One in five psychologists shuts the books on new patients under pandemic pressure

“Then coming into a psychology practice and being told, in fact, either our books are closed or it will be months before we can even get started can be really hard for people to hear,” Dr Cubis said. .

Dr. Fiona Martin, a registered psychologist and Liberal MP, said she was not at all surprised to hear that mental health services were being exhausted beyond capacity, with data showing there was had an increase in everything from phone calls to emergency department referrals to self-harm.

“There is clearly a shortage of psychologists, who really make up the bulk of the mental health profession,” she said.

The federal government has made significant investments in mental health services, committing $ 2.3 billion in the budget earlier this year to prevention and early intervention.

“They had also allocated money for manpower and governance, but I think we have a lot more to do there,” Dr Martin said.

Dr Martin has chaired a parliamentary inquiry into mental health and suicide prevention that is due to submit a final report to the government in November. She said it was vital to increase university internships in undergraduate and master’s programs, and that supporting graduates in their internships would help address labor shortages.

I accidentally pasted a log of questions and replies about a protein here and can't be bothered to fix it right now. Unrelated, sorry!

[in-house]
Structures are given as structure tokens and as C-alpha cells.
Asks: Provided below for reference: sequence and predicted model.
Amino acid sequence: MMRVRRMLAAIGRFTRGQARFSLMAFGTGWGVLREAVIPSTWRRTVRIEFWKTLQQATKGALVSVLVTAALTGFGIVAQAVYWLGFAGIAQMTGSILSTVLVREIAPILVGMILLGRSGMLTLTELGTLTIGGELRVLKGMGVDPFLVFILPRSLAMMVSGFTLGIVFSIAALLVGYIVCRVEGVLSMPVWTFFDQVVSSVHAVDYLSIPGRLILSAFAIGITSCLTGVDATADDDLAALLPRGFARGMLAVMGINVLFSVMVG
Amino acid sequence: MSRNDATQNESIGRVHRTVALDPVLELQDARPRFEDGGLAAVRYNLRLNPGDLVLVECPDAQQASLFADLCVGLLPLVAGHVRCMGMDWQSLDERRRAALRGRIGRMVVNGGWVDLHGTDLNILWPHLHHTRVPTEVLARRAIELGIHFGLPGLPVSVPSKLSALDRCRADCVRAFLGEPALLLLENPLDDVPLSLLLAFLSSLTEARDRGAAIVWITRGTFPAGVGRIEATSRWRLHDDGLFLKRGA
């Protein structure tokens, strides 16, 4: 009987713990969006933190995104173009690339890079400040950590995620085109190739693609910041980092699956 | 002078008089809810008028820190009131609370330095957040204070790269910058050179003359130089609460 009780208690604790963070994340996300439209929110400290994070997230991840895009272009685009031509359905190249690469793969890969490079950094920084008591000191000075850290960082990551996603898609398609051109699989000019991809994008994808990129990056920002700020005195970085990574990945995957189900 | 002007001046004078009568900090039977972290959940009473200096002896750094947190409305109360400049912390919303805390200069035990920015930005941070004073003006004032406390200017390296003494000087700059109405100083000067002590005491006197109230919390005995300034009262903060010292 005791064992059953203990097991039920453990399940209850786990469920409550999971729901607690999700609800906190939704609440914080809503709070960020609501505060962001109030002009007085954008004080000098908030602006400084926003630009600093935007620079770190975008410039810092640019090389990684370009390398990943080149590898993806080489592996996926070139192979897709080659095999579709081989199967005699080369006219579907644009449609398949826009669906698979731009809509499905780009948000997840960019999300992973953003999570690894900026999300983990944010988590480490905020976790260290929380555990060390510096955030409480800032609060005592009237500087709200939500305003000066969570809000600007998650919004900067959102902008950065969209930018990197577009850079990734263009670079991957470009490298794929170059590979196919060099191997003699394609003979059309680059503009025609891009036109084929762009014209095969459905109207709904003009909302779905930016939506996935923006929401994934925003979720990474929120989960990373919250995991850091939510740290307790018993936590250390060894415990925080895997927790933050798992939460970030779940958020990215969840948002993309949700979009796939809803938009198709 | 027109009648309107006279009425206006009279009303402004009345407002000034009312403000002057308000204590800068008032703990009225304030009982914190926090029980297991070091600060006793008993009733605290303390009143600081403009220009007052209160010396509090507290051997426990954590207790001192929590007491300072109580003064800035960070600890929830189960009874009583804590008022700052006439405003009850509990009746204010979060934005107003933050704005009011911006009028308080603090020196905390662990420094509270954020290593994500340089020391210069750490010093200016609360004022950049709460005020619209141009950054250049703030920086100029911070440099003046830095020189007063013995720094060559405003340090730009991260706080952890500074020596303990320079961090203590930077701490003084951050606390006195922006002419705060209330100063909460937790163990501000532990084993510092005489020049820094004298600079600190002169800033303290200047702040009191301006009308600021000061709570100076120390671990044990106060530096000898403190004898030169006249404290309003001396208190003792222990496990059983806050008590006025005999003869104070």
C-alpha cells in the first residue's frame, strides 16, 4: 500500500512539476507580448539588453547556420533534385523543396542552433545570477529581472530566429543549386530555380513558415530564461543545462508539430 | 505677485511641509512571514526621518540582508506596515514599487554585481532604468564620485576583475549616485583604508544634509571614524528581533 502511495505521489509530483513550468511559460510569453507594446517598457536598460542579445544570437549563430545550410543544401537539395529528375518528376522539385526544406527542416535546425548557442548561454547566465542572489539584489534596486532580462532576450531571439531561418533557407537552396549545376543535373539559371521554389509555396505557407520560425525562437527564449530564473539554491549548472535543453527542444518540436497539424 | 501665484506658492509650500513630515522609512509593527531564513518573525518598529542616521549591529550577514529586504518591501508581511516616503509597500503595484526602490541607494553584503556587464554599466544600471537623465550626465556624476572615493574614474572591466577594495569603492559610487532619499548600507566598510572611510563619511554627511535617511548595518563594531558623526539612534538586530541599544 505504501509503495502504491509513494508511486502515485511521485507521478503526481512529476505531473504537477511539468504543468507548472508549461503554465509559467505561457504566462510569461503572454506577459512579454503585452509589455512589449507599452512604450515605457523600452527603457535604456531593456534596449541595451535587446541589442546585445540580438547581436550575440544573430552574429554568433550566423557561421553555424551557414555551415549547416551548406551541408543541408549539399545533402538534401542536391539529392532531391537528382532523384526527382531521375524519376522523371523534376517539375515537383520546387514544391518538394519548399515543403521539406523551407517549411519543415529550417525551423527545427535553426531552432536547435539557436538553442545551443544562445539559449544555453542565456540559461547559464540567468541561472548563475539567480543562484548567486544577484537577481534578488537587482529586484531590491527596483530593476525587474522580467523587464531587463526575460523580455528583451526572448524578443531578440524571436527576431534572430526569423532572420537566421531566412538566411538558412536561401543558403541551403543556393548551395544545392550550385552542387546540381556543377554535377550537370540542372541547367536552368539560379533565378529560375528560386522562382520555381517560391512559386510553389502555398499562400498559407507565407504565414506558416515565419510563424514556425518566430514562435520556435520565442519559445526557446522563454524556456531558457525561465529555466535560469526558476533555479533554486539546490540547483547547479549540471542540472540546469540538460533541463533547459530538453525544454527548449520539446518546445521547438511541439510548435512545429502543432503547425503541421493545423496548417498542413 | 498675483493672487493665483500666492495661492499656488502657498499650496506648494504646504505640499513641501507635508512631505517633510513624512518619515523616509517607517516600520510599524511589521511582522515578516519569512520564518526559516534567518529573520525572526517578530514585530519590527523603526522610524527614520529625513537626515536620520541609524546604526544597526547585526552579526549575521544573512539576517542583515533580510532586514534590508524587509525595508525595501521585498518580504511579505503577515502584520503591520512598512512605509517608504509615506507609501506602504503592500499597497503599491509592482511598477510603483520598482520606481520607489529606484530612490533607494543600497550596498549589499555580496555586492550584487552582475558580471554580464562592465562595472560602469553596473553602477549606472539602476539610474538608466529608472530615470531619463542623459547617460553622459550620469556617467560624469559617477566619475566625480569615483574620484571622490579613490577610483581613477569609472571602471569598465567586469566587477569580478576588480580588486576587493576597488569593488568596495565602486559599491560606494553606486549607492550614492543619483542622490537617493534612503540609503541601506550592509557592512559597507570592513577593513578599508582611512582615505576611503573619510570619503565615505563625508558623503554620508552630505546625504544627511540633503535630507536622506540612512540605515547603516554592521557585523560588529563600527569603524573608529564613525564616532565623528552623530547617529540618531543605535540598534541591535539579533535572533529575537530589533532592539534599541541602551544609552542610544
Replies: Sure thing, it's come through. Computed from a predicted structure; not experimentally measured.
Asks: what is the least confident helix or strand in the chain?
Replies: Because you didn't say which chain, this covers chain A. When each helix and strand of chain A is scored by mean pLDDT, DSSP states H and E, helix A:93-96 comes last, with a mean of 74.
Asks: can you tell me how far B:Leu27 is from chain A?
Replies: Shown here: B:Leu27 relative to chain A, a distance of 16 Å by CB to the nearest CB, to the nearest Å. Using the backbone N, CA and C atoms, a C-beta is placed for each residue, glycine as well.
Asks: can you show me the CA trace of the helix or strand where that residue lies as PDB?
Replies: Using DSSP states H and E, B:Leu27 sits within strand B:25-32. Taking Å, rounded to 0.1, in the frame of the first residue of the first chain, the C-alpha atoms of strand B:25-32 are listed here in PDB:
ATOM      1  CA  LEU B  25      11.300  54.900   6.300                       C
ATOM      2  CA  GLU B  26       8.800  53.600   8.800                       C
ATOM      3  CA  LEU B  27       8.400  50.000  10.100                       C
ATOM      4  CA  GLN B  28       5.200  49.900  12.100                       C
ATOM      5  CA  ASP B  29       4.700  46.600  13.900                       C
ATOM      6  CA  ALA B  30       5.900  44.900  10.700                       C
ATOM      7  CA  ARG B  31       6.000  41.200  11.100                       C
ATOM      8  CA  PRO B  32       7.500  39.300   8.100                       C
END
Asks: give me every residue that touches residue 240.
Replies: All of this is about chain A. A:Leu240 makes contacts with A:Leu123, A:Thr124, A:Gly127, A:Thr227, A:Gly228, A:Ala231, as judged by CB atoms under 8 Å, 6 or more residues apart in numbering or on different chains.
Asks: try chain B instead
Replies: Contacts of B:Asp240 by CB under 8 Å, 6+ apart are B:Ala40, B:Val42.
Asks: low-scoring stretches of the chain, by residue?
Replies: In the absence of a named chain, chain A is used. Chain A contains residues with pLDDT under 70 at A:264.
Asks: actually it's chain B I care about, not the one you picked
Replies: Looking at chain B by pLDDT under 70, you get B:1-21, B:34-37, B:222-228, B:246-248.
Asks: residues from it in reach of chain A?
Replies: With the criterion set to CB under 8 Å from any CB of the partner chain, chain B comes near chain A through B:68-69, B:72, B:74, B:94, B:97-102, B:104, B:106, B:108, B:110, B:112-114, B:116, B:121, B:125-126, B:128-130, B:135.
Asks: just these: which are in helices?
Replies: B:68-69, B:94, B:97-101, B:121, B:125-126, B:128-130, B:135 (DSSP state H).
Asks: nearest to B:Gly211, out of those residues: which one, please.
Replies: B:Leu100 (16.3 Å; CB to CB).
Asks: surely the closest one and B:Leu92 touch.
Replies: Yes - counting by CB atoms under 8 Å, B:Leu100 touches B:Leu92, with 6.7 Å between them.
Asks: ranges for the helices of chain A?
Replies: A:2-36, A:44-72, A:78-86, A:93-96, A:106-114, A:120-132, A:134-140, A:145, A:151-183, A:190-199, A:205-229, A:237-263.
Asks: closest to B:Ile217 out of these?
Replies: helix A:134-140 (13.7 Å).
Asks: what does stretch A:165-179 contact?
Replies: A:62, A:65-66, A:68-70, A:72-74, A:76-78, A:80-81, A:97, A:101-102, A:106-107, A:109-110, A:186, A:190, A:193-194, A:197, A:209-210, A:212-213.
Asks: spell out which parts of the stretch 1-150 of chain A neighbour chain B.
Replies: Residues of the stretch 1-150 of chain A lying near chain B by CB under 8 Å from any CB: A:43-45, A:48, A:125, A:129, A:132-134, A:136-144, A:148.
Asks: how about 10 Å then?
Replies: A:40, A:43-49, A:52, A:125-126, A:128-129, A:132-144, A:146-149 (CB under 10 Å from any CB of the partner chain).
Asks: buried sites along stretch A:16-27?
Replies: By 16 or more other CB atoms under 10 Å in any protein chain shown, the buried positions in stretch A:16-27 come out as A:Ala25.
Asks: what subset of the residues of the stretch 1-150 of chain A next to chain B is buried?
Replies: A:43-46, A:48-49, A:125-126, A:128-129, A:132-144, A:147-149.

APS CEO Dr Zena Burgess said investing in the workforce won’t solve shortages in weeks, but it is an important longer-term strategy .

For now, APS wants online psychology sessions to stay for good. So far, the Commonwealth has agreed that they will stay until the end of the year. A better online system for finding available psychologists would also make a huge difference, Dr Burgess said, and allow patients to find psychologists who might be in other parts of the country.

The leading body also wants the increased number of subsidized sessions to stay, Dr Burgess said, because the impacts of the pandemic on mental health are not going away anytime soon.

“Psychologists really feel like they are on the front lines trying to resolve this lengthy COVID mental health pandemic, which they don’t see as calming,” she said.

Crisis assistance is available from Lifeline on 13 11 14 or from Kids Helpline on 1800 55 1800

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